Even with these adjustments by places like the Peanut Barrel, it’s obviously still been hard on businesses and they will need to stay creative and find ways to make it out alive.

While small businesses are part of fabric of game days in East Lansing, so is the school spirit and organizations that devote a part of their life to Saturdays in the fall.

“Normal game days were honestly so crazy, people wanted to take pictures with us, everybody would yell go green, the energy is just so crazy,” said senior MSU cheerleader Grace Mackey. “As soon as you walked into that stadium it’s such an unreal feeling it’s something you can’t even describe, and to not enjoy that feeling as a senior has been tough.”

When the Big Ten announced its plans to return to play, universities weren’t allowed have any outside spectators: which included marching bands, cheerleaders, dancers, and mascots. 

MSU Police
Credit Ryan Collins
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MSU Police barricades usually in use for game days.

This move by the conference is not something that has been universal across college football. Cheerleaders and marching bands are on display in conferences like the SEC and the ACC.

Cheerleaders, mascots, and marching bands are a part of pageantry that makes college football so special, and they big role in what game days look like especially around Michigan State and East Lansing.

“We don’t just have to prepare to perform at the game,” said senior MSU cheerleader Olivia Duffy. “We make appearances at events like Big Ten tailgates, family tailgates, and we perform by the Sparty statue as the players walk to the stadium, it’s a full day.”

These activities have been cut to completely nothing for members of the MSU cheer team. No events, no practices, nothing for at least for the remainder of the fall semester. Like most non-revenue athletics, it’s unclear if MSU cheerleading will have a national championship through the pandemic.  

The Universal Cheerleaders Association has already pushed back its national championship for cheer and dance until April 27-28 and it’s unclear if universities will even send teams to the event. 

“We’re still pushing for us to practice because nationals got moved to April when usually they're in January, and we obviously would want to prepare for that,” said Mackey. “We’ve also heard from our coach that three teams had already pulled out from nationals, so at this point we don’t even know if we're going to have nationals.”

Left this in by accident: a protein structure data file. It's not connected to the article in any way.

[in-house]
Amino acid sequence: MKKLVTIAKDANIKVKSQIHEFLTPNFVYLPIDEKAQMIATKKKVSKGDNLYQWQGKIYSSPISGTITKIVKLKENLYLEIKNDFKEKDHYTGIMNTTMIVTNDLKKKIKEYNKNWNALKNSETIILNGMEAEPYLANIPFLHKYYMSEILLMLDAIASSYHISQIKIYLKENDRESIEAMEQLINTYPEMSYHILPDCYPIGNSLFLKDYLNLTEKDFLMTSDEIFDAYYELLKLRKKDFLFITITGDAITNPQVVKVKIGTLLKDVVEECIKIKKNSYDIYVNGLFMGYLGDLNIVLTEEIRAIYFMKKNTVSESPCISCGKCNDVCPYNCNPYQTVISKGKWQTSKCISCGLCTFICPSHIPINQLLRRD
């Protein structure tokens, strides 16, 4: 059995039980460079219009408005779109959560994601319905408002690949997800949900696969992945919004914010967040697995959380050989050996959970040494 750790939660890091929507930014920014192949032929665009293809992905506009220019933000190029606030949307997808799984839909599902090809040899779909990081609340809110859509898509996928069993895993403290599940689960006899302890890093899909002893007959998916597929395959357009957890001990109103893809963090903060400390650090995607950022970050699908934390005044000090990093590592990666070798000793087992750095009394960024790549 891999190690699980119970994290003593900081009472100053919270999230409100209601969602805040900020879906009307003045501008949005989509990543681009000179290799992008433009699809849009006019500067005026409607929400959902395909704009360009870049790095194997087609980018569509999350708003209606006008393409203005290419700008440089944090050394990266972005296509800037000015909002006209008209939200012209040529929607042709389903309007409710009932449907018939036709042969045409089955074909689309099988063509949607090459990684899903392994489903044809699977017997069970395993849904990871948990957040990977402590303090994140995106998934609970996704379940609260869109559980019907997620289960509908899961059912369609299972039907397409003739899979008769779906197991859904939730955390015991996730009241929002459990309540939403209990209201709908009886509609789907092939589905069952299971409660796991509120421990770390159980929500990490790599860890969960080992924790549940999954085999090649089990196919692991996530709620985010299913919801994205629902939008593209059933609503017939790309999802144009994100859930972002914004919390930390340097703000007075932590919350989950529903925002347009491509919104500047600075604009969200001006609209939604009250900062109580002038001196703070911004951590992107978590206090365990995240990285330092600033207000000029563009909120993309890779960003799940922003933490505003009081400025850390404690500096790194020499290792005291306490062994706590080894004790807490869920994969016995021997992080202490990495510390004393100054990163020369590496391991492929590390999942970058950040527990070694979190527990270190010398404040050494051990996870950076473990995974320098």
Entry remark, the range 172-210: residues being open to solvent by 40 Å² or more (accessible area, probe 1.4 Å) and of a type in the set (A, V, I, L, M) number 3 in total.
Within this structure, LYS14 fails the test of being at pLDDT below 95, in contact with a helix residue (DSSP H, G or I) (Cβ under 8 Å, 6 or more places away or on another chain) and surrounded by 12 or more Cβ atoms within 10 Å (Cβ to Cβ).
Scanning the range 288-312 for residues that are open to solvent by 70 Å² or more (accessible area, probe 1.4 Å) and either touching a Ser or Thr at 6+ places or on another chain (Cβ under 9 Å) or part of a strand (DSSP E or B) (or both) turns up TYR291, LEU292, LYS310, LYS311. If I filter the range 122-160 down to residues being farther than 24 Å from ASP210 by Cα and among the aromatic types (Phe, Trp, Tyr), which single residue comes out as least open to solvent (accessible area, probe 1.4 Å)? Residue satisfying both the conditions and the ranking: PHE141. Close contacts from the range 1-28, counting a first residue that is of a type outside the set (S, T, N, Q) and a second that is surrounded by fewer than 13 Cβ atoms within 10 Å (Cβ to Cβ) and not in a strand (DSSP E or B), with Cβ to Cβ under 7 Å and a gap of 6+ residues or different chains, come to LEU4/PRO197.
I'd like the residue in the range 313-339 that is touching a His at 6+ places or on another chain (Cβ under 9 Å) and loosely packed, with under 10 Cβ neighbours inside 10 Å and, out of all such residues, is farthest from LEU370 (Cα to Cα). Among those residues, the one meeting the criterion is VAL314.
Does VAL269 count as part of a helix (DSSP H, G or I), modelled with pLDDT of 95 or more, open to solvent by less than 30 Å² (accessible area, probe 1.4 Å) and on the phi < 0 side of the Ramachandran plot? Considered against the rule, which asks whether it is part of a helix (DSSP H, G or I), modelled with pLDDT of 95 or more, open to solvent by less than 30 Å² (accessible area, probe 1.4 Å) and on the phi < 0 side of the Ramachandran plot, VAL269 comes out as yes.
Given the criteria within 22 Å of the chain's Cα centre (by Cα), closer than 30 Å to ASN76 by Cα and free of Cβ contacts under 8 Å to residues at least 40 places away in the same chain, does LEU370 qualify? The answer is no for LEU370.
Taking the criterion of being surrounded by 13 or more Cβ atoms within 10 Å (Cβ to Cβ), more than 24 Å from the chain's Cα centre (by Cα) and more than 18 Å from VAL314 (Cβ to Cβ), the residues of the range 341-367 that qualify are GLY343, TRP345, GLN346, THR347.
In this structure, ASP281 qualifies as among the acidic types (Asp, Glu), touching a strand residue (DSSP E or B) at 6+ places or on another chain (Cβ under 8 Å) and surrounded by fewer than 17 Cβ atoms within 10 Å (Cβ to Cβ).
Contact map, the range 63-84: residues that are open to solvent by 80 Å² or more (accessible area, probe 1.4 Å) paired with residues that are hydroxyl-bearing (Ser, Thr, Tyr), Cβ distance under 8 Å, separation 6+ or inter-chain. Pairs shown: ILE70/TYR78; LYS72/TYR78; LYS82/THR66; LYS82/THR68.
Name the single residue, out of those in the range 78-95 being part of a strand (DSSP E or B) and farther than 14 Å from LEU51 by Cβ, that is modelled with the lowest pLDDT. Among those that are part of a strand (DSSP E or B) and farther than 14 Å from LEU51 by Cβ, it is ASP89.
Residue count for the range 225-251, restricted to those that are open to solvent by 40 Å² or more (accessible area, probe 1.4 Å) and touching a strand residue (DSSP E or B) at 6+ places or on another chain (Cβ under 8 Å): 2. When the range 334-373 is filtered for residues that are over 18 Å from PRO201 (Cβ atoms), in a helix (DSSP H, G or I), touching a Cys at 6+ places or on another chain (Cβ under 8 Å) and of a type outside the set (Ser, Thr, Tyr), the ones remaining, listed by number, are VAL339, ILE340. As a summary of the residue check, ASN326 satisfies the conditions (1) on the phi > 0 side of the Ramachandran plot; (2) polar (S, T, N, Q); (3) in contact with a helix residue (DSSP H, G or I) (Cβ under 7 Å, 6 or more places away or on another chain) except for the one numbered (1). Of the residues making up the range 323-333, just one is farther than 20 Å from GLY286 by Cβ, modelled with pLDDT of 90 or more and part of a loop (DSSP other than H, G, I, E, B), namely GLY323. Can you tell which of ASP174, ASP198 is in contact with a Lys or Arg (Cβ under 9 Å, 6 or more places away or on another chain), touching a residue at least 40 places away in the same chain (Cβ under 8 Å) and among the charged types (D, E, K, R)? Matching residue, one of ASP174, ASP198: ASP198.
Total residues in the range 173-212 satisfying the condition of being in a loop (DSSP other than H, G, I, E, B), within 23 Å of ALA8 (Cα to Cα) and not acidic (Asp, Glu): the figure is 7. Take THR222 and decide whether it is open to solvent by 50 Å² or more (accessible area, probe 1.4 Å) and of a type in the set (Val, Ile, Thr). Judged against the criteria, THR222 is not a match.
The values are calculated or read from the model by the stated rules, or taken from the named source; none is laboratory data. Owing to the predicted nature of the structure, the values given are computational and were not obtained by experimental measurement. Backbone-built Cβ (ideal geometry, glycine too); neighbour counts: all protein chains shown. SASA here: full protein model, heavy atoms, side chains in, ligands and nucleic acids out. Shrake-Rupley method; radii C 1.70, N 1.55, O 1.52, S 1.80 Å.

With restrictions on the cheerleaders not being able to be in stadiums and arenas MSU athletics doesn't feel the need to spend the money testing the team daily right now.

Like many athletes, the opportunity to go out their terms was taken by the virus. Being both seniors, Duffy and Mackey will never get another opportunity to step on Spartan Stadium as an active MSU cheerleader.

“Our senior day was supposed to be in front of a full stadium, getting our names announced in front of our families,” said Duffy.

As the Spartans hosted Ohio State in Spartan Stadium for MSU football’s senior day Nov. 5, like all season cheerleaders weren’t allowed to be in attendance. 

Luckily seniors of the cheer and dance program were able to get some sense of closure, as MSU hosted both program’s seniors for a private ceremony in Spartan Stadium in mid-December. 

“It was mostly bittersweet,” said Duffy. “It was a goodbye but mostly a reminder of all the things we didn’t get to do this year.

That bittersweet feeling is shared by many students who stayed in the East Lansing area for the fall semester. It was magnified every Saturday this fall of what the things this virus had taken from them. 

“I just miss being able to walk on campus,” said Manganiello. “You just don’t feel like you're in college, especially on Saturdays.”